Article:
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Disaster at Buffalo Creek. Family and character change at Buffalo Creek
Am J Psychiatry 1976;133:295-299.
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Abstract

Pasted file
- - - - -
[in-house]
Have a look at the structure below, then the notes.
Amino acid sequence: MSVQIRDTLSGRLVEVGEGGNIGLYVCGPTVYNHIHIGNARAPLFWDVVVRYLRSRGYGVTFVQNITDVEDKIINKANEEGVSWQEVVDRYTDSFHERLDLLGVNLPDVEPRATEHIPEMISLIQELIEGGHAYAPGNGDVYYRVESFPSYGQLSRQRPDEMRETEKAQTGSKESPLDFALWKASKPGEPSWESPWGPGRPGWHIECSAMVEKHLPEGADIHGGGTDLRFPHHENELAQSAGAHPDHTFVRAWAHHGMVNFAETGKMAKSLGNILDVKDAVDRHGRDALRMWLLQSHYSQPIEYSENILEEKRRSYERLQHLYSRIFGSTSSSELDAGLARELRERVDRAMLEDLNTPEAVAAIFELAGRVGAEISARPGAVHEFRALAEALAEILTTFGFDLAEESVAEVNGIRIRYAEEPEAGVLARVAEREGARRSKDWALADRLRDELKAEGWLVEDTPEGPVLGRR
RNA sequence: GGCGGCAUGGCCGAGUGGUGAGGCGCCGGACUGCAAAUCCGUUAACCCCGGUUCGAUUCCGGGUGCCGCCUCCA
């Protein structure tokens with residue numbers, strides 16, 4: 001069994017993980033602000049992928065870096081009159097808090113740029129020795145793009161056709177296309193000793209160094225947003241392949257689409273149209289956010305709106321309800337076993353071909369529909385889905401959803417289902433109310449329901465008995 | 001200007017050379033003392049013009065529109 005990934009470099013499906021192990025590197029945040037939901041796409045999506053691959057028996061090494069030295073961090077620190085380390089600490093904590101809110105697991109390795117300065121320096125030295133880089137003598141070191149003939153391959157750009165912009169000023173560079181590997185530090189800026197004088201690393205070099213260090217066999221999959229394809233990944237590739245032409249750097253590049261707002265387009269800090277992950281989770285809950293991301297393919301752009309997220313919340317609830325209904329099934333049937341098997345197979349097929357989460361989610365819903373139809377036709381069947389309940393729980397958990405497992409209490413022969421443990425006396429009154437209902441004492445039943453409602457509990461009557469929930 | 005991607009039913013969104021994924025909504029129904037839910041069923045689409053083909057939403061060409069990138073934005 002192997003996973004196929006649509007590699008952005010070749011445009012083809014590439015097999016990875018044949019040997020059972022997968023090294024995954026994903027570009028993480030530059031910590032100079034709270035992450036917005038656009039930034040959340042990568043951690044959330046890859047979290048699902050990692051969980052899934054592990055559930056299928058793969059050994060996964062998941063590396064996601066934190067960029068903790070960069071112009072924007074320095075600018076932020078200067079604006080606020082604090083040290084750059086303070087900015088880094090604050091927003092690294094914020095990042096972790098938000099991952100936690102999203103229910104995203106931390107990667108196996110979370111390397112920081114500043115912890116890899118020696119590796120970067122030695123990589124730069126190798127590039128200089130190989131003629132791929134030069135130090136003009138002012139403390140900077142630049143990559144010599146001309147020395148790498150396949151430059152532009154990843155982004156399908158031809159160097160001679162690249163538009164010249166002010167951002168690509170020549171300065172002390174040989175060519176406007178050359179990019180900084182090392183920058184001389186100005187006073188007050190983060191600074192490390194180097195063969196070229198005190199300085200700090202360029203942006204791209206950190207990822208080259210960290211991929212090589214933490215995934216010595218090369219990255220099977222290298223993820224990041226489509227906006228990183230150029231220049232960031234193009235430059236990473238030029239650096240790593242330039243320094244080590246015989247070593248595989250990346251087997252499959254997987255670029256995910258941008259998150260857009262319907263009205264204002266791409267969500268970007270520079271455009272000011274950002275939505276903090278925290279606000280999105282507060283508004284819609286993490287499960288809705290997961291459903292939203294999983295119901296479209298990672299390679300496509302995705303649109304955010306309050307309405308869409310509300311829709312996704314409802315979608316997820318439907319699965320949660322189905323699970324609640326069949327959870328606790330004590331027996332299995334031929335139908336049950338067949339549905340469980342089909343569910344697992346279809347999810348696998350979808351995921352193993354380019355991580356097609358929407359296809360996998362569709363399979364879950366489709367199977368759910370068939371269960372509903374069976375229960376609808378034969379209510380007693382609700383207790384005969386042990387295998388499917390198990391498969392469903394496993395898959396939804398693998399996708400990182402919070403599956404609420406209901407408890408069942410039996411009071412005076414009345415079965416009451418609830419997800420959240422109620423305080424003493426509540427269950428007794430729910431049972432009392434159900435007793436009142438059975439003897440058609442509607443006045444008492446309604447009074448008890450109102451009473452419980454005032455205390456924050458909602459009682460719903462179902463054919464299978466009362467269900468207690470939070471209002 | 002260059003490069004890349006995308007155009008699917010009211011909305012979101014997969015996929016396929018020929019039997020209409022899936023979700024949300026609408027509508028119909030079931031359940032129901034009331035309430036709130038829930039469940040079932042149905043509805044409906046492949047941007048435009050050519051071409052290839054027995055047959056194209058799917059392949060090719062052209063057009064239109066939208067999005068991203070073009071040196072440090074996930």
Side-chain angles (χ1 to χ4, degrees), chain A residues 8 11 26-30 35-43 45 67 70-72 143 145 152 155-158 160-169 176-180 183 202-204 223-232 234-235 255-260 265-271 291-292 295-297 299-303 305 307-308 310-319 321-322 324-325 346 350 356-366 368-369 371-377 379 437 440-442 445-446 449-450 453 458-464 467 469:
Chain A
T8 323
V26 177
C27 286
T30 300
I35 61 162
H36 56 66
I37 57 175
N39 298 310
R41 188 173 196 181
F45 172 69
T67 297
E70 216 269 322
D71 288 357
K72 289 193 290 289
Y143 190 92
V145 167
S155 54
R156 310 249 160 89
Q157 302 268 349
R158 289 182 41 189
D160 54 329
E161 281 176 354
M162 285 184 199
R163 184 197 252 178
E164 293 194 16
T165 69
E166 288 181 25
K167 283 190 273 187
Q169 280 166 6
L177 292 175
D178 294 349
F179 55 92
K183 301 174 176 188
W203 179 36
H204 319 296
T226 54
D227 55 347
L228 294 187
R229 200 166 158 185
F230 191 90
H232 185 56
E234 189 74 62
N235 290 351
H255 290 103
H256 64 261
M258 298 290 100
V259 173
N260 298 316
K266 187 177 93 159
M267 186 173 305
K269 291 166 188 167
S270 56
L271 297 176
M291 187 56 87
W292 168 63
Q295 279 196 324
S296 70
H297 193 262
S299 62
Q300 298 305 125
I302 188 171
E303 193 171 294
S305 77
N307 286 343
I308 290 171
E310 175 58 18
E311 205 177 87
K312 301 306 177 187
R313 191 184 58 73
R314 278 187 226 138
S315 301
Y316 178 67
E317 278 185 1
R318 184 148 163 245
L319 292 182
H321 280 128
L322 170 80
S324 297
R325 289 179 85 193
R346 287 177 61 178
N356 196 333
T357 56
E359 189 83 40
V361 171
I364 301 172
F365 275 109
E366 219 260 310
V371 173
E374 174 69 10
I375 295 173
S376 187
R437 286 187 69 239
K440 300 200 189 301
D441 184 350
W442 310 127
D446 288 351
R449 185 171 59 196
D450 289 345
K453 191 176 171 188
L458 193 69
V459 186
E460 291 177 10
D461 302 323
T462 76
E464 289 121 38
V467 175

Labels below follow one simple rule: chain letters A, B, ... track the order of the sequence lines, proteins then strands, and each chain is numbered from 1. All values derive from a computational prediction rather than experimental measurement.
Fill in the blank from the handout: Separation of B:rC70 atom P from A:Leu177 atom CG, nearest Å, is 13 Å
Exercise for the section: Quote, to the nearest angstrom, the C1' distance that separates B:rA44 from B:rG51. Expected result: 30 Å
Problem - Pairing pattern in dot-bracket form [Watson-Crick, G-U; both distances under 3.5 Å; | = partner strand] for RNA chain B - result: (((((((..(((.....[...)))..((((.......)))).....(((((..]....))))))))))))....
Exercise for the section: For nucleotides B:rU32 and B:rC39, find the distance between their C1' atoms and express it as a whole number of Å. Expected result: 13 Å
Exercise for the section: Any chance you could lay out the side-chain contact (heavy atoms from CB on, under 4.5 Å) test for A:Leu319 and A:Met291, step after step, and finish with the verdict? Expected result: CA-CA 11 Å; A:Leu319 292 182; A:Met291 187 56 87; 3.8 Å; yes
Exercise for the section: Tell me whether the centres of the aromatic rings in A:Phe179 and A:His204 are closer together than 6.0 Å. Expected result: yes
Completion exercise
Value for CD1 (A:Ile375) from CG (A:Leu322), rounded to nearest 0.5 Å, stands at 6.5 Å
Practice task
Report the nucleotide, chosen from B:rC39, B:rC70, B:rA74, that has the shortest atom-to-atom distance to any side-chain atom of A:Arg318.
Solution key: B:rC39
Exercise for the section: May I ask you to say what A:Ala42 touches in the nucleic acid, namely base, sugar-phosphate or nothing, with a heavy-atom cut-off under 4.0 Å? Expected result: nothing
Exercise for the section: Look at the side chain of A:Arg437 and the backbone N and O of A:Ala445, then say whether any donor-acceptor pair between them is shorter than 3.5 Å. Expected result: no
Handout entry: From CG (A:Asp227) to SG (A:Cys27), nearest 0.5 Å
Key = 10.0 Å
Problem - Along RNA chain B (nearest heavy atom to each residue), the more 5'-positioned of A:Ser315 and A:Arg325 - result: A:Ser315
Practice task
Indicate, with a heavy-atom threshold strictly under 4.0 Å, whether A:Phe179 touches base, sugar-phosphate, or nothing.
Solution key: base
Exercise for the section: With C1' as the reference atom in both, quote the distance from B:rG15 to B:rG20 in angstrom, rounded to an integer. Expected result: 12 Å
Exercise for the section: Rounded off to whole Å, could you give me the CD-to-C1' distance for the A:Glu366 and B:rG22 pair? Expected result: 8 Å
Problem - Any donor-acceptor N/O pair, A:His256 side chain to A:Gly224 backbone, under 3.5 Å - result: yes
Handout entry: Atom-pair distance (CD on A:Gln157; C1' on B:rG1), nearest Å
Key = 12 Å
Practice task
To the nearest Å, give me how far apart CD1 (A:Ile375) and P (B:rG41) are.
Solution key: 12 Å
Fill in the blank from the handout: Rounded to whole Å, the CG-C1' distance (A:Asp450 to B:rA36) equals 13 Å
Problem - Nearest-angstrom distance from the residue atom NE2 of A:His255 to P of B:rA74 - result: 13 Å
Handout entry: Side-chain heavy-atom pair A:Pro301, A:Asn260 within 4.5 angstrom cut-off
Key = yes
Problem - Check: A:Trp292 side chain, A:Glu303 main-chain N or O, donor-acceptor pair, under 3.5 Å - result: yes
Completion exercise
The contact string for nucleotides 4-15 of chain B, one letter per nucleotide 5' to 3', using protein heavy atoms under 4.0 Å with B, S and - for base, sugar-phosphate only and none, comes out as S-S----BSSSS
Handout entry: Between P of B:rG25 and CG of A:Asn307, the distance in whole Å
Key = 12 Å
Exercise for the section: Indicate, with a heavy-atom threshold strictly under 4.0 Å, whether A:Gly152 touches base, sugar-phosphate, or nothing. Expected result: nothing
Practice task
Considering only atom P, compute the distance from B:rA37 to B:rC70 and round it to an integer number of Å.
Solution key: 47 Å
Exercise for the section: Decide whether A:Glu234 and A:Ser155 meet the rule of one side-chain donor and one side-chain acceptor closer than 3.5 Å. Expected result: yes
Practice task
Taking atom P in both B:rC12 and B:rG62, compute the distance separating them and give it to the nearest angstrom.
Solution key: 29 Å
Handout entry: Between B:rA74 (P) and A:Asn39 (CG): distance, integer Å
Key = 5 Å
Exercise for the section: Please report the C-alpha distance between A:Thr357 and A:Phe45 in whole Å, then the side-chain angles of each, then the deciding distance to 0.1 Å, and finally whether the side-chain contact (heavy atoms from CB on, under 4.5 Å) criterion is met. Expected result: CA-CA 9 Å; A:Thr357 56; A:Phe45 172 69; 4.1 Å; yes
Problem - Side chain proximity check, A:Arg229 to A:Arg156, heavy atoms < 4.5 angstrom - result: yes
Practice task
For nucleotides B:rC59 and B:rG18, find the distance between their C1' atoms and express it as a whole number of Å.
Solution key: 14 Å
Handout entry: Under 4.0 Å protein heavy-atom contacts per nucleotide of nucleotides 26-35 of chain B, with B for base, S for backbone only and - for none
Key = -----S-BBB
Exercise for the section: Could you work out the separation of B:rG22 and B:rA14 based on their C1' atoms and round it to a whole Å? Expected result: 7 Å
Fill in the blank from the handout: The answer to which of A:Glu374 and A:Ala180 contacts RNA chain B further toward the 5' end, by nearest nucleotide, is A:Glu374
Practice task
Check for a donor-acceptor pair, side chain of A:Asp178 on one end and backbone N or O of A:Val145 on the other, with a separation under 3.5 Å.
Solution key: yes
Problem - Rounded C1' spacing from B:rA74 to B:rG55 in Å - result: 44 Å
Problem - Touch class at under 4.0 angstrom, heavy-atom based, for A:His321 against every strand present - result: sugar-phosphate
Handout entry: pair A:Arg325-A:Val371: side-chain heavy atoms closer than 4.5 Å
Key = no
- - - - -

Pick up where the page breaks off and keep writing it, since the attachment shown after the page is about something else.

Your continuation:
Psychiatric evaluation teams used observations of family interaction and psychoanalytically oriented individual interviews to study the psychological aftereffects of the 1972 Buffalo Creek disaster, a tidal wave of sludge and black water released by the collapse of a slag waste dam. Traumatic neurotic reactions were found in 80% of the survivors. Underlying the clinical picture were unresolved grief, survivor shame, and feelings of impotent rage and hopelessness. These clinical findings had persisted for the two years since the flood, and a definite symptom complex labeled the "Buffalo Creek syndrome" was pervasive. The methods used by the survivors to cope with the overwhelming impact of the disaster--first-order defenses, undoing, psychological conservatism, and dehumanization--actually preserved their symptoms and caused disabling character changes.

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